Flashcards in Eruption and Shedding Deck (74):
List the types of physiologic tooth movements
What are preeruptive physiologic tooth movements?
Positioning of tooth germs prior to eruption
What are eruptive physiologic tooth movements?
The movement of the tooth into functional occlusion
What are posteruptive physiologic tooth movements?
Movements in compensation for the growth of the jaws/wear. Meant to keep the tooth in occlusion
What is shedding?
The programmed loss of the primary teeth to make way for the permanent dentition
What is avulsion?
An extreme example of non physiologic tooth movement
T/F Occlusion is the main functional requirement for teeth, as most normal tooth movements are aimed at maintaining the teeth in occlusion
Permanent teeth develop in what spatial relation to primary tooth germs?
Which permanent teeth have primary counterparts?
T/F Permanent and primary teeth start in the same crypt
True, but they eventually develop their own separate crypt in the bone
The dental lamina extends backwards to give rise to what?
1st, 2nd, and 3rd molars
As the maxilla and mandible grow, what effect does that have on tooth germs?
There is a bit of crowding and they have to shift around a little bit
As primary teeth move into position for eruption, where do the permanent teeth go?
They shift into an apical and lingual position (where they have primary counterparts)
Where do preeruptive movements take place? And what does that make them associated with?
In a boney crypt, and are thus associate with both resorption and/or deposition
What is the basic purpose of preeruptive movements?
Position the tooth for eruption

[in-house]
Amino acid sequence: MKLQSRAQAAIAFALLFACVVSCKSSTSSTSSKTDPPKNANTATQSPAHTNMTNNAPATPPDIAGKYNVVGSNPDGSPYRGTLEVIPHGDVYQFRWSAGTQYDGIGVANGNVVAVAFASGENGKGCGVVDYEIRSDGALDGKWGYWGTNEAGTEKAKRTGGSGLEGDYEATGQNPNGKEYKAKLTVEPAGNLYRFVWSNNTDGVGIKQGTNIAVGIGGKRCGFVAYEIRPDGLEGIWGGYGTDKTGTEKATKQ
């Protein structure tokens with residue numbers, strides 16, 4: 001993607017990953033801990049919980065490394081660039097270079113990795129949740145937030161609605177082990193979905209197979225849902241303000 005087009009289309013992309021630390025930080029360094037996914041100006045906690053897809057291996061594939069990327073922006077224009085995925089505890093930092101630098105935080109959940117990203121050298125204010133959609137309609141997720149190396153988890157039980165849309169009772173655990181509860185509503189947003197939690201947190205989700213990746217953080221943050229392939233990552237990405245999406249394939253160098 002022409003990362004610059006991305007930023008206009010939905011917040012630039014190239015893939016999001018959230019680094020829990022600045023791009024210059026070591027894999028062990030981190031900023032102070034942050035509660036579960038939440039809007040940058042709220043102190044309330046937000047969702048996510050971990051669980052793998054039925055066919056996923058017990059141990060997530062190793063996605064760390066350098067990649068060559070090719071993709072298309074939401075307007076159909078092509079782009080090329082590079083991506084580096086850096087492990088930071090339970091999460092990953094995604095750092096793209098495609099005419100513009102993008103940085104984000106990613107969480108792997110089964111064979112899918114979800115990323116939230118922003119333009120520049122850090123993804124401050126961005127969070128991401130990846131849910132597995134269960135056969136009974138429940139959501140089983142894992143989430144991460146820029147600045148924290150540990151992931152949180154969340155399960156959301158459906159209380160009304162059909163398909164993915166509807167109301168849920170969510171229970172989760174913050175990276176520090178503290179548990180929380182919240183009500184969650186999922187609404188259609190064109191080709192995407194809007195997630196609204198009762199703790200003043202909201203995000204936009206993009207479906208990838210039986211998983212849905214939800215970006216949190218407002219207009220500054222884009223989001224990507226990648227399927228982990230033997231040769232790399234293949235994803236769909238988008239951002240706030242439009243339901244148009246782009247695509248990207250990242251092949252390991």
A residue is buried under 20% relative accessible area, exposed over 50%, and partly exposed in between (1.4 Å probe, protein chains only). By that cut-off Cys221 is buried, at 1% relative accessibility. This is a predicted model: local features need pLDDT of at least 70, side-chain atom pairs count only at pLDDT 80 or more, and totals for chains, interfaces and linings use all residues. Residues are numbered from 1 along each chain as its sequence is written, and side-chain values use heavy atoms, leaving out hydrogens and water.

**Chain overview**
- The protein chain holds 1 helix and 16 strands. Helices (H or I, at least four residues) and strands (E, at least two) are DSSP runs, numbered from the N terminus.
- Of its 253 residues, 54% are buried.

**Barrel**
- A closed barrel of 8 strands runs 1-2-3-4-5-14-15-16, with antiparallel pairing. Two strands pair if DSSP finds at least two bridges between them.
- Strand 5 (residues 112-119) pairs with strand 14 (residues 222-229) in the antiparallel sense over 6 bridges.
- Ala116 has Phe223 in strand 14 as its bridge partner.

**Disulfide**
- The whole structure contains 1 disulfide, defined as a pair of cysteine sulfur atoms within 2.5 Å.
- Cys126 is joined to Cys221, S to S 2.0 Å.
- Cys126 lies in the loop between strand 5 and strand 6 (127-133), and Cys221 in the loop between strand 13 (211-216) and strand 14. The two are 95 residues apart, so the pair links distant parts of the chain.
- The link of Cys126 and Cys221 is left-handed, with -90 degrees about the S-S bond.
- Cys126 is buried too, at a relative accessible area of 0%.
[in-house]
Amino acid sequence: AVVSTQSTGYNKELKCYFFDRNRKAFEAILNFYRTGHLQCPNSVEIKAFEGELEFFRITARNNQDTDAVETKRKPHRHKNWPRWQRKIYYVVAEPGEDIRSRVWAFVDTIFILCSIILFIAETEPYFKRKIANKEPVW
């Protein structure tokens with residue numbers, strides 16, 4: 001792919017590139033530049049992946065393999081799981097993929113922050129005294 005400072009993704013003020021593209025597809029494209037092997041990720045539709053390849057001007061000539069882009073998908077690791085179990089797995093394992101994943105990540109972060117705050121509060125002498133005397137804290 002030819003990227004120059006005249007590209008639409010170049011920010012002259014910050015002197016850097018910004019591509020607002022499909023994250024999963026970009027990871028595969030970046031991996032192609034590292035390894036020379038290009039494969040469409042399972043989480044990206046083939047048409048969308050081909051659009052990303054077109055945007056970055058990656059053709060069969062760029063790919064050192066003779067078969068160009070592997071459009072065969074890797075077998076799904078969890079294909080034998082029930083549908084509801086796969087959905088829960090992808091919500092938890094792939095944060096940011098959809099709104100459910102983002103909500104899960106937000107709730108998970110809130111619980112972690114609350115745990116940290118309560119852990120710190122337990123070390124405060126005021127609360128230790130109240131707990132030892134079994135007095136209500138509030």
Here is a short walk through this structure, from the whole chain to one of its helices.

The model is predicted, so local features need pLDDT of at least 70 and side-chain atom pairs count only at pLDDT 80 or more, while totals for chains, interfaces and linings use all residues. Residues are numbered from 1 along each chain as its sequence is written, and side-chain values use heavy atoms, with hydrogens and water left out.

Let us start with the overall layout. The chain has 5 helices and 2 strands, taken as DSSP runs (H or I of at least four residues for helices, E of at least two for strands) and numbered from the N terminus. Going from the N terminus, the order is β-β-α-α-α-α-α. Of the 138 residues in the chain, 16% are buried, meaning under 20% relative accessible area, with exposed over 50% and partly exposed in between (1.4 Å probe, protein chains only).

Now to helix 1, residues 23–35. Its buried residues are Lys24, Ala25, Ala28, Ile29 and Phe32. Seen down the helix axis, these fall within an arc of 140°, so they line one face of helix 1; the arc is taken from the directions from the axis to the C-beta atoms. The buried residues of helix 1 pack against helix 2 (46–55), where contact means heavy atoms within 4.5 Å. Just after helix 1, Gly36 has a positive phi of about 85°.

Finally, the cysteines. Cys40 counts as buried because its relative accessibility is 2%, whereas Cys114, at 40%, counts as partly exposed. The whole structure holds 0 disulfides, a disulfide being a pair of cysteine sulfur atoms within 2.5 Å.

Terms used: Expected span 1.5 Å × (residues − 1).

**Occur as the tooth germ develops
How are movements of the tooth germ accomplished?
1. Whole tooth germ moves (or is moved by something else)
2. Directional Growth (like enamel knot)
Eruptive tooth movements are ____ or ______
Describe the eruptive movement of primary teeth
Fusion of oral epithelium with the reduced enamel epithelium, creating an epithelium lined channel through which the tooth emerges
Describe the preeruptive movement of Maxillary molars
First, the occlusal surfaces arrive somewhat distally, then shift "down" into place when there is room
Describe the preeruptive movement of mandibular molars
-Follow the maxillary molars (?)
-Have a more mesial inclination, which swing into occlusion when there is room (or not)
Permanent successional tooth forms in a ________ under the _______
1. seconday bony crypt
2. primary tooth
What is the channel that develops between the alveolar bone around the primary tooth and the permanent tooth as it erupts?
*Forms along the remnants of the dental lamina attached to the lamina propria (gubernacular cord)
What is the intraosseous rate of eruption of permanent teeth?
What is the rate of eruption of permanent teeth in the gubernacular canal?